Thursday, 22 May 2008


“It is only the farmer who faithfully plants seeds in the Spring, who reaps a harvest in the Autumn.” - B. C. Forbes

biodiversity |ˌbīōdiˈvərsitē|noun
The variety of life in the world or in a particular habitat or ecosystem.
ORIGIN from Greek bios ‘(course of) human life.’ The sense is extended in modern scientific usage to mean [organic life.] and from Old French diversite, from Latin diversitas, from diversus ‘diverse,’ past participle of divertere ‘turn aside’ (see divert ).

Today is World Biodiversity Day and the theme for 2008 is “Biodiversity and Agriculture”. Agriculture is a key example of how human activities have profound impacts on the ecosystems of our planet. This year’s theme for Biodiversity Day seeks to highlight the importance of sustainable agriculture not only to preserve biodiversity, but also to ensure that we will be able to feed the world, maintain agricultural livelihoods, and enhance human well being into the 21st century and beyond.

Biodiversity is the root of this plenty: the variety of crops and food on which human civilizations have grown and depend is possible because of the tremendous variety of life on Earth. If the Earth’s population is to feed itself in the 21st century and beyond, humankind needs to preserve the biodiversity that grants us our own complex and diverse lives. But biodiversity is diminishing at unprecedented rates. Over the past few hundred years humans have increased the rate of species extinction. Human drivers of change, including habitat loss, climate change and overexploitation of resources, have increased the rate at which species are going extinct by as much as 1,000 times background rates typical of Earth’s history.

Perhaps this is a good time to mention also that 2008 is the International Year of the Potato. This celebrates the Potato and will raise awareness of the importance of the potato - and of agriculture in general - in addressing issues of global concern, including hunger, poverty and threats to the environment.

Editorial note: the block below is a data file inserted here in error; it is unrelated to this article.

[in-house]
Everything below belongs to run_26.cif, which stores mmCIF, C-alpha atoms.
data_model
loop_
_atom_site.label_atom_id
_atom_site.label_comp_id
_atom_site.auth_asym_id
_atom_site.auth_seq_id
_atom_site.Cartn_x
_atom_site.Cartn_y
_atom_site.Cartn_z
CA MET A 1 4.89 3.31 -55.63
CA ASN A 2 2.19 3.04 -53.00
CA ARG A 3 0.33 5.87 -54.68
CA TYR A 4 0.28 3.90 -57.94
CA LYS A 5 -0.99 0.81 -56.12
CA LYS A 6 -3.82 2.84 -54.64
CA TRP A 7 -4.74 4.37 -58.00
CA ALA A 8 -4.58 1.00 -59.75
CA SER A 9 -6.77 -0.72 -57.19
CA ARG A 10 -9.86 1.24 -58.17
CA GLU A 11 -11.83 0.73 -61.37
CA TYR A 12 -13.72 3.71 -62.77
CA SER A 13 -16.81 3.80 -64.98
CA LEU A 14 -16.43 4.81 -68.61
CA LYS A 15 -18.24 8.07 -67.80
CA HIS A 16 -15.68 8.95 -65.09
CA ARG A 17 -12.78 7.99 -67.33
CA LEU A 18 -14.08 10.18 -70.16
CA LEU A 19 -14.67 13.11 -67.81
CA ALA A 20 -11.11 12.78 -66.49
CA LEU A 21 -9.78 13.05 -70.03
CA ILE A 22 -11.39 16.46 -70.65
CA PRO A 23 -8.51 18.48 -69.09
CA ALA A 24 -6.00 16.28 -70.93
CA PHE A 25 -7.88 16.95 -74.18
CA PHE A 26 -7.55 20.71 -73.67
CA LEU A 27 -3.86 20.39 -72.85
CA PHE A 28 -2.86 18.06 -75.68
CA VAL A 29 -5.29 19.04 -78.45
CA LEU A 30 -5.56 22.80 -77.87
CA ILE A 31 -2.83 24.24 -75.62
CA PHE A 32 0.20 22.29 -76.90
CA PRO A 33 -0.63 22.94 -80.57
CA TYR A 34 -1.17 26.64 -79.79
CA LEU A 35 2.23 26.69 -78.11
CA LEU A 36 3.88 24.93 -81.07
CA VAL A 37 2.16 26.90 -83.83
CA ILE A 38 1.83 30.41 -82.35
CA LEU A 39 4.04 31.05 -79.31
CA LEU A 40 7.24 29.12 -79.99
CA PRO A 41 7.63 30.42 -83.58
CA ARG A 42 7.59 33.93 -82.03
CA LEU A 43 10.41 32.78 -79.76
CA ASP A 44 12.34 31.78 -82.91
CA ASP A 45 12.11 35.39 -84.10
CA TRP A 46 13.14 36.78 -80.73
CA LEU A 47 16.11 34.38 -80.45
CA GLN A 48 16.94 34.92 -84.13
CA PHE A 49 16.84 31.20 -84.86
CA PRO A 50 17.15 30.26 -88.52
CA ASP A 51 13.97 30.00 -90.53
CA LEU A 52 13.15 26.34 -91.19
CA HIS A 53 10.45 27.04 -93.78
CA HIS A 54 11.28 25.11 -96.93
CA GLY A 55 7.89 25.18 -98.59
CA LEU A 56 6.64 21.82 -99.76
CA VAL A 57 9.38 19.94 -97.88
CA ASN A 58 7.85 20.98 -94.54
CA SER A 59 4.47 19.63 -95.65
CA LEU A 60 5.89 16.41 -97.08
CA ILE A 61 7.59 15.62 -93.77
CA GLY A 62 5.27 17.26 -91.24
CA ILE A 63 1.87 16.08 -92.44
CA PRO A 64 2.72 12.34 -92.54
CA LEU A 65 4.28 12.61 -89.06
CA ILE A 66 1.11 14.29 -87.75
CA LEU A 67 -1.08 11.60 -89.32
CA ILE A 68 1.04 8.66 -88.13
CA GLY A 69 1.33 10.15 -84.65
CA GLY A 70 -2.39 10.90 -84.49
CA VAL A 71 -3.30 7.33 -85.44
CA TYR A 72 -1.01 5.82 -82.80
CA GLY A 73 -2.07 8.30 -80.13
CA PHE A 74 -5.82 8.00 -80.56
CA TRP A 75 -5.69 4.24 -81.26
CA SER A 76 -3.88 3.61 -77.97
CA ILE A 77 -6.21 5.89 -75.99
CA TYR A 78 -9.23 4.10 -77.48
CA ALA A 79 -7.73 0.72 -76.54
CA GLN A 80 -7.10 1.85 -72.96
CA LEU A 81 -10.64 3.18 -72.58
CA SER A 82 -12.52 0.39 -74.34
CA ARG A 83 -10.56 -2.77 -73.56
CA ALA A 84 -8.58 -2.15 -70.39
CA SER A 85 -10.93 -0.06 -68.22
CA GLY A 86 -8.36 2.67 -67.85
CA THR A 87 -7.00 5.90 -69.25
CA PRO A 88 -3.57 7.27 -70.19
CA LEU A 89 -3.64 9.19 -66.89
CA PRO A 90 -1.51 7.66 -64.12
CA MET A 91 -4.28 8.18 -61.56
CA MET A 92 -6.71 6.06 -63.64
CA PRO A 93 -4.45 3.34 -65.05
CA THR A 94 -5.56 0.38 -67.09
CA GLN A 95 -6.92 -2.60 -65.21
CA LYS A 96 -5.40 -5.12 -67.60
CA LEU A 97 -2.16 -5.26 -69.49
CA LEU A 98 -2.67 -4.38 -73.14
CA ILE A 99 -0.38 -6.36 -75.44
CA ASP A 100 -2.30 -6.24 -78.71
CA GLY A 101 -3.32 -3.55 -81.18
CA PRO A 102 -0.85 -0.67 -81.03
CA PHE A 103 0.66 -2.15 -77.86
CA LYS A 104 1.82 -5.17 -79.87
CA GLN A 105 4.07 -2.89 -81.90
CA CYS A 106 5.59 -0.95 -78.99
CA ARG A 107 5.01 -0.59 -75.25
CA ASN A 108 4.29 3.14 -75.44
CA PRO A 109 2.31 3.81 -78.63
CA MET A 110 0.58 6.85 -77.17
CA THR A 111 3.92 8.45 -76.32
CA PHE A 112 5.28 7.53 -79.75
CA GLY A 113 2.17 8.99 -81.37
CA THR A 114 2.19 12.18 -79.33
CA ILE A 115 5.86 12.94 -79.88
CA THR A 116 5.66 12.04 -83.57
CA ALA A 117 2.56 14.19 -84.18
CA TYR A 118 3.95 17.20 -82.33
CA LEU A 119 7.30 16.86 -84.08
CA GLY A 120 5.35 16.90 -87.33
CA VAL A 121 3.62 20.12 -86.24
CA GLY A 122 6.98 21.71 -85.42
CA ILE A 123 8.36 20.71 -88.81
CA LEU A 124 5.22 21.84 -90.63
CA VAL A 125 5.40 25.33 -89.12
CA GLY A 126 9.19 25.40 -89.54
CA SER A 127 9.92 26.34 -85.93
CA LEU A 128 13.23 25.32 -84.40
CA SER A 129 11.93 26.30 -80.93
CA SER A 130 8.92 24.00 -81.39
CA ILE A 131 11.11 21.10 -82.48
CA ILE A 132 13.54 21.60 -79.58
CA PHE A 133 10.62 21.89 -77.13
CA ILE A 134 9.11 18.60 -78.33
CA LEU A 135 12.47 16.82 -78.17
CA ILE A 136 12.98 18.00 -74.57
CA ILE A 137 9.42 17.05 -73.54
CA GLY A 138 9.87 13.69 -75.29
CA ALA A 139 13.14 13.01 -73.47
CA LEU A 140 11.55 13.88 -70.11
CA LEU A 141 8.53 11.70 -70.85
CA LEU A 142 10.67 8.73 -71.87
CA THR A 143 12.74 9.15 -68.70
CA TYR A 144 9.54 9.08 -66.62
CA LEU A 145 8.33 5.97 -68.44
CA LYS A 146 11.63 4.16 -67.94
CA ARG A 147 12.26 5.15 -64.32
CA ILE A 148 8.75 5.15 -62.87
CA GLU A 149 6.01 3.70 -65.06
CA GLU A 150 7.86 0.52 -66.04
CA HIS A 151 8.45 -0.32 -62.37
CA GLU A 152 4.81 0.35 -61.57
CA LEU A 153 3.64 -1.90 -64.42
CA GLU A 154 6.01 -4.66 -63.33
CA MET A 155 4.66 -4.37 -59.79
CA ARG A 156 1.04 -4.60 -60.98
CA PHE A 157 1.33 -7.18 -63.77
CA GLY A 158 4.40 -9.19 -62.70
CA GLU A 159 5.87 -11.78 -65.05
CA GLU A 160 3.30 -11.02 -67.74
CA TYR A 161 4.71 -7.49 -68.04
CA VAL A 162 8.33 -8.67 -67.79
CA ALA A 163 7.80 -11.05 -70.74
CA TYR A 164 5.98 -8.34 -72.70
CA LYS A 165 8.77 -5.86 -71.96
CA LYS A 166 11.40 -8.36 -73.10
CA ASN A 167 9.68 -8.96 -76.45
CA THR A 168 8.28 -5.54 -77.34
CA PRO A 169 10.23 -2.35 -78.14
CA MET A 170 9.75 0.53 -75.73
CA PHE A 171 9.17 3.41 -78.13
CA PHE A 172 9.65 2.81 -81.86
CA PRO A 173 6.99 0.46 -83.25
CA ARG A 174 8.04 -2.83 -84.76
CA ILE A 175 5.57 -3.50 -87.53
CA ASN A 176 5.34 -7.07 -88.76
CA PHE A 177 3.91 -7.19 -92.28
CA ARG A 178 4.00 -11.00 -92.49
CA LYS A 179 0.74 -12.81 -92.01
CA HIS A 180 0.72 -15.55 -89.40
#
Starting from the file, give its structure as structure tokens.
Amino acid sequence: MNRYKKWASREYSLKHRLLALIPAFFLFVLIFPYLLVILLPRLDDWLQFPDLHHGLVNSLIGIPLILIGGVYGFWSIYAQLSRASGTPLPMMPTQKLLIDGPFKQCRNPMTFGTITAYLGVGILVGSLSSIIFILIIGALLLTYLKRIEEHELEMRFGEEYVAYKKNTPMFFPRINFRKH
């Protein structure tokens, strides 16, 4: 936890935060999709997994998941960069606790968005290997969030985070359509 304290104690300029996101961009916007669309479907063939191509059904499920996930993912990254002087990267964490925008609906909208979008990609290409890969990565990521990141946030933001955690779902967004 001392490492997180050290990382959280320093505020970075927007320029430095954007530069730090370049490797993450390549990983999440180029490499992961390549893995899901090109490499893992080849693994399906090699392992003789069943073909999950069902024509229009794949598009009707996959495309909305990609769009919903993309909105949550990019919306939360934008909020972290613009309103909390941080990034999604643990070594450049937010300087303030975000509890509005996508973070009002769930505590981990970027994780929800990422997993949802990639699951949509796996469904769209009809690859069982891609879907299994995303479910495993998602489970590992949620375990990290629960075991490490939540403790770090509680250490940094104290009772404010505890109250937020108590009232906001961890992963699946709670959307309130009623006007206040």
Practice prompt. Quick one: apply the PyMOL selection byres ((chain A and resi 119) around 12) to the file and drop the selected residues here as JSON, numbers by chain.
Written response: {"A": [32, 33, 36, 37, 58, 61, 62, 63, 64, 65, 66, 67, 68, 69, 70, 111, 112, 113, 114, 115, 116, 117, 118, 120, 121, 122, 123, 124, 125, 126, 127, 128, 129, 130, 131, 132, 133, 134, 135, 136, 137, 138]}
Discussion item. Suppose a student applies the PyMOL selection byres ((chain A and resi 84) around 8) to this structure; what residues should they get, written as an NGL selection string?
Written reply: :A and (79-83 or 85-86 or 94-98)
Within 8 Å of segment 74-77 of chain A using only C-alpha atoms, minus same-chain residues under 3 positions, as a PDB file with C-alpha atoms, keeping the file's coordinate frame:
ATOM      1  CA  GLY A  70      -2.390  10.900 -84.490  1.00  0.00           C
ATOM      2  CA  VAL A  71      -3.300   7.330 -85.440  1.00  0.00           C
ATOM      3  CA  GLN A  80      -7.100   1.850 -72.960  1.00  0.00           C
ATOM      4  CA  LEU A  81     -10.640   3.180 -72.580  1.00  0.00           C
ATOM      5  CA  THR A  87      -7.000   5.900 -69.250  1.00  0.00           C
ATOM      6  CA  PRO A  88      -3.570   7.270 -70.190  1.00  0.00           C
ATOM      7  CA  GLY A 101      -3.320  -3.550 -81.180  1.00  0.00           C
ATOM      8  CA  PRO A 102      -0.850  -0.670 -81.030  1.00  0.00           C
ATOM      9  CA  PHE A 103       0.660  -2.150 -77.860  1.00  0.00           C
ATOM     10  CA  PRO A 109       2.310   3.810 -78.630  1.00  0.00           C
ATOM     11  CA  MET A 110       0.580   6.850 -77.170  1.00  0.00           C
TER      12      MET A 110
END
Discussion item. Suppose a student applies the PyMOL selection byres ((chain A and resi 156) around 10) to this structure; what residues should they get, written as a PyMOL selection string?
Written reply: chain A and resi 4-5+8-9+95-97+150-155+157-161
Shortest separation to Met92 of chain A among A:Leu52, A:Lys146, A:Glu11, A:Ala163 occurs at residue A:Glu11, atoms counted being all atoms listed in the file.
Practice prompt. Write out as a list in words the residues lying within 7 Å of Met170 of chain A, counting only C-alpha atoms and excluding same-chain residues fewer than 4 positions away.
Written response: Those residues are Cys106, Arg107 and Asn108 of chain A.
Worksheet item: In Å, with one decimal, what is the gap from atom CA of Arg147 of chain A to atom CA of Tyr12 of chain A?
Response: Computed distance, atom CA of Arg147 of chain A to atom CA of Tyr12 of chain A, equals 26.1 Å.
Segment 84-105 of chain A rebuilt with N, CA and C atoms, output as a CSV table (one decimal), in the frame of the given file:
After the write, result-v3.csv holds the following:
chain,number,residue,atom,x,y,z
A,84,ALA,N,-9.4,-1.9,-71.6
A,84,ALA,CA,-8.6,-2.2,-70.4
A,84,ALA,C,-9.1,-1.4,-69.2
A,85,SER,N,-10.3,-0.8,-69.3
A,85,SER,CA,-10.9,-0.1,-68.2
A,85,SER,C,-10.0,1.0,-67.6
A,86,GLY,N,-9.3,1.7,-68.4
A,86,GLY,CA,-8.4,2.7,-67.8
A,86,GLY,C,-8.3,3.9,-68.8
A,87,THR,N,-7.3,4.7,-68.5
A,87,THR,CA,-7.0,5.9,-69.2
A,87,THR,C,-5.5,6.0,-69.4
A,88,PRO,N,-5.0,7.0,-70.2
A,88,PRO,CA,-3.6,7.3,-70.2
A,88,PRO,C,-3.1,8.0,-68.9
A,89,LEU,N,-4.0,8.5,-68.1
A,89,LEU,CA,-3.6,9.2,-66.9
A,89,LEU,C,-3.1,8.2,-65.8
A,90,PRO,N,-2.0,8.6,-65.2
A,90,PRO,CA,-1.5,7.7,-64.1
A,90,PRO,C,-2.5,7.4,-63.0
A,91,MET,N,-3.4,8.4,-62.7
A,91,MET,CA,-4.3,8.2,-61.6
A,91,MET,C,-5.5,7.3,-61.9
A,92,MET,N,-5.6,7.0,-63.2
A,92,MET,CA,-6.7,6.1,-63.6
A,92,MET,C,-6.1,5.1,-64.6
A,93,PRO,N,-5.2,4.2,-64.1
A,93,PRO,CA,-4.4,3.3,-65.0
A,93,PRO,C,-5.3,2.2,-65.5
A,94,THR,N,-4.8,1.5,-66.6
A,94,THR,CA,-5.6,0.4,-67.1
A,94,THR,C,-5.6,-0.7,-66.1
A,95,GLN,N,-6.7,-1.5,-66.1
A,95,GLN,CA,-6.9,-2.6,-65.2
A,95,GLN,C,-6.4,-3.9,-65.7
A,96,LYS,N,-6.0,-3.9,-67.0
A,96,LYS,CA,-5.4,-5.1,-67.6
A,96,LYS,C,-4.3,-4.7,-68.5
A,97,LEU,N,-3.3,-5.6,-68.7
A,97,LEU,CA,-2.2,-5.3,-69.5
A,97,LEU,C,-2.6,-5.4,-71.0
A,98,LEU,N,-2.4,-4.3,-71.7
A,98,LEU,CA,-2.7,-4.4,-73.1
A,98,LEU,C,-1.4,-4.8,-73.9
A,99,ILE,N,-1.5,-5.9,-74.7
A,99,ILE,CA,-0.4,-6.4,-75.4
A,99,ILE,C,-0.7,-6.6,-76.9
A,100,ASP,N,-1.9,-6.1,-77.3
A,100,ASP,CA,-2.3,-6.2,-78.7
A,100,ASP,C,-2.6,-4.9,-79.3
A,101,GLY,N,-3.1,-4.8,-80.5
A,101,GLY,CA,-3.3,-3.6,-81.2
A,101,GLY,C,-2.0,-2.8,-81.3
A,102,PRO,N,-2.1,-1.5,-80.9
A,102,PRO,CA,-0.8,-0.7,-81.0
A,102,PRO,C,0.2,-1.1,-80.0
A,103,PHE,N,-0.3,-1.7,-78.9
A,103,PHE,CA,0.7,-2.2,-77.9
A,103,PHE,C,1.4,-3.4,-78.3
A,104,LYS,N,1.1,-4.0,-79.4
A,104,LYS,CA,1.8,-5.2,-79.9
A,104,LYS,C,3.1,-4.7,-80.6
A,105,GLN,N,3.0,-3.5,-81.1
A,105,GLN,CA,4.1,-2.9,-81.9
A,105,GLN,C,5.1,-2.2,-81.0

Biodiversity is the variety of life: the different plants, animals and micro-organisms, their genes and the ecosystems of which they are a part. Australia is one of the most diverse countries on the planet. It is home to more than one million species of plants and animals, many of which are found nowhere else in the world. We are very much aware of the threat our increasingly urbanized environment is placing on different species of our country. The modern agricultural methods and the use of selected monospecies in high yield agricultural systes is another way of threatening biodiversity, while the introduction of exotic species into Australia has also threatened the local fauna.

There are several initiatives in Australia, which try to limit the threats we pose on or environment and which will help to preserve biodiversity. The priority actions are to:

1. protect and restore native vegetation and terrestrial ecosystems
2. protect and restore freshwater ecosystems
3. protect and restore marine and estuarine ecosystems
4. control invasive species
5. mitigate dryland salinity
6. promote ecologically sustainable grazing
7. minimise impacts of climate change on biodiversity
8. maintain and record indigenous peoples’ ethnobiological knowledge
9. improve scientific knowledge and access to information
10. introduce institutional reform

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